Class rank practice being evaluated


photo by Yasmin Haq

Sophomores and freshmen do not have ranks on their transcripts. The decision to make class ranks optional on transcripts will be Dec. 11.

The LISD Board of Trustees will decide whether to implement a change to make class ranks optional on transcripts on Dec. 11 during the 7 p.m. school board meeting.

[Optional class ranks] gives students and parents the flexibility to make the choice that best serves their individual needs,” chief communications officer Amanda Brim said.

The proposal suggests that, although all students will still be ranked, having ranks on their transcript will not be mandatory unless they are in the top 10 percent. The Texas 10 Percent Plan allows automatic admission to public colleges in Texas for students in the top 10 percent of their class, making it required for their transcripts to have ranks. If the board votes in favor of this proposal, making class ranks optional on transcripts will apply to the class of 2019 and on.

“What the district is looking at is if you’re not in the top 10 percent, do you want that information [on your transcript] or do you not,” principal Scot Finch said. “So families could opt out of having the rank being put on their child’s transcript or they could say, ‘no go ahead and put the rank on the transcript.’”

Brim said optional class ranks gives students the flexibility to serve their needs and will allow colleges to look at students as a whole.

Each student will have the opportunity to determine for themselves whether their college application will be more appealing to colleges if rank is included or excluded on their transcript,” Brim said.

Finch said that high school principals would prefer students to receive class ranks at the end of freshman year rather than giving it within the first nine weeks of high school or withholding it.

Several other districts have changed the practice of class rank. For example, Highland Park ISD only ranks the top 10 percent and no other students receive rank.

“It’s really all over the board in the state of Texas as far as what districts do as far as grade point average (GPA), weighted averages and class rank,” Finch said.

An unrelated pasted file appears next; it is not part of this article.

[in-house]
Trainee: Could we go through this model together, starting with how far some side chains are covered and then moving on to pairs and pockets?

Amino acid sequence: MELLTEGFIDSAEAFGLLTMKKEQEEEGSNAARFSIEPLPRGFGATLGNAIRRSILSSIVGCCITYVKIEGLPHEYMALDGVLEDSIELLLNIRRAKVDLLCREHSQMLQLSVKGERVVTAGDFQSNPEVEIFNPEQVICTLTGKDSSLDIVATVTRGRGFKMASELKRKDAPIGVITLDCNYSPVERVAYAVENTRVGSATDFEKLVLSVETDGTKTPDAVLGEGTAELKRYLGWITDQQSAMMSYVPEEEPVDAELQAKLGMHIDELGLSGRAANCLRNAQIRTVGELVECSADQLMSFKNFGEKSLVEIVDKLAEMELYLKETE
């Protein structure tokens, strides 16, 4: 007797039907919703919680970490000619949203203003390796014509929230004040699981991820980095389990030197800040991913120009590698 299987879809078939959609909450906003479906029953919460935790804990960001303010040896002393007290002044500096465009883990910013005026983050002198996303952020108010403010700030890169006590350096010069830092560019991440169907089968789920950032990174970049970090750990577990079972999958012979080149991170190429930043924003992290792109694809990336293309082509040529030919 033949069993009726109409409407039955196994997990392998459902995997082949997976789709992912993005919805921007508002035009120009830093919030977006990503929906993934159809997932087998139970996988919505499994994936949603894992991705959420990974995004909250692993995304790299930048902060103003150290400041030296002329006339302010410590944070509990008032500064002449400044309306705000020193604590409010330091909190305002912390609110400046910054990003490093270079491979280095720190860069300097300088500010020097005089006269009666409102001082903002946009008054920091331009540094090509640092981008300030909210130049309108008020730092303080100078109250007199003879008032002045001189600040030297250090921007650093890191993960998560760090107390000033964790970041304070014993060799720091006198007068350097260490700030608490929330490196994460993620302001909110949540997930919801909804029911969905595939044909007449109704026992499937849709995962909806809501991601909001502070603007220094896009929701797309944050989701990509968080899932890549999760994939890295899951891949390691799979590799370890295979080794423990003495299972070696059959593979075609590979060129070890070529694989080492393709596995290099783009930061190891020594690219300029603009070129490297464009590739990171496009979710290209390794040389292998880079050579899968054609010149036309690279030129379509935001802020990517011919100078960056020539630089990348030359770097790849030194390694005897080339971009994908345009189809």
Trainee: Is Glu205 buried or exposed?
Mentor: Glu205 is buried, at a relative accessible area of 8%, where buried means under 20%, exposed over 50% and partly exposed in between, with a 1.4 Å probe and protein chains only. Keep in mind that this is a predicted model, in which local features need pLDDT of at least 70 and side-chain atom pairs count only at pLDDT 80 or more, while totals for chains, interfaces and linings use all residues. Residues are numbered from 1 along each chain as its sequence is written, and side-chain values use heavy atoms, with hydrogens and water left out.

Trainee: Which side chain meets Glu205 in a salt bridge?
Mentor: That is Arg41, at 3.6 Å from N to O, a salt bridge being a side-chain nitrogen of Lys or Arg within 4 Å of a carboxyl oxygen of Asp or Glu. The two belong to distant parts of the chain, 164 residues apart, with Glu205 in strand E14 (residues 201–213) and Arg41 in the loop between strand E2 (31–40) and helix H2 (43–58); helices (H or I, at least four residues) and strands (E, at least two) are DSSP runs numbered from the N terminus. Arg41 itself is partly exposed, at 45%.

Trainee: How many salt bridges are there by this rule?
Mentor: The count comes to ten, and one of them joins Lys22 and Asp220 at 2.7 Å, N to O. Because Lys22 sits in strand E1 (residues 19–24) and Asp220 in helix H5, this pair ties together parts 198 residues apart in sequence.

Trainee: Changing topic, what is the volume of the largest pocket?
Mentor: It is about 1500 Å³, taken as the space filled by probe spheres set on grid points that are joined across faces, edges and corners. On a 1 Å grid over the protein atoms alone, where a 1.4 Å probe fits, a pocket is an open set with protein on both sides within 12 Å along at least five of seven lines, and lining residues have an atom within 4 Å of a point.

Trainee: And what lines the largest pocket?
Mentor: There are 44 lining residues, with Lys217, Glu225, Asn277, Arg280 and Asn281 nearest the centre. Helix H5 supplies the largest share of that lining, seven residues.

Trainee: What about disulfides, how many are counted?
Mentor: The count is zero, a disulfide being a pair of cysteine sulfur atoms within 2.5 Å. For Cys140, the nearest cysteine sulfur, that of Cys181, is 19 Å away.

Finch said Spring Branch ISD is being used as a model regarding the class rank policy. Spring Branch ISD has all of the students meet with a counselor to decide whether to have class rank on their transcript.

“So [the conferences] force the counselors to meet with every [student for class ranks],” Finch said. “If you had the need to talk to all the juniors and seniors you’re looking at about 1700 kids. If you spend 15 minutes [with each student], just do the math. It’s going to take a long time.”

Sophomore Lauren Santaella said the possible class rank change would be beneficial to students.

“Our school is such a big school [and] it’s very competitive,” Santaella said. “So if [students] have a lower rank, I think [the choice of having rank on transcripts] is better for them and it probably looks better for colleges when they’re applying.”

Other students, such as sophomore Aisha Aslam, think the change is a good idea, but don’t like class ranks being withheld this long for sophomores.

“I think that giving students the option to opt in or out for class ranks is fine and is actually a good idea as it allows colleges to assess students without just looking at rank,” Aslam said. “Even though at my grade we don’t have to worry for college as much, sophomore year is still really important to know ranks and to see how overall a student does compared with others, I just hope that whatever they do with ranks, they do it quickly so that we will know before it’s too late to fix our ranks.”

Class ranks for the current freshmen and sophomores are being withheld until the board makes a decision.  

“I have students asking me when they’ll know their rank, and it’s going to be dependent on what the school board does the second Monday of December,” Finch said.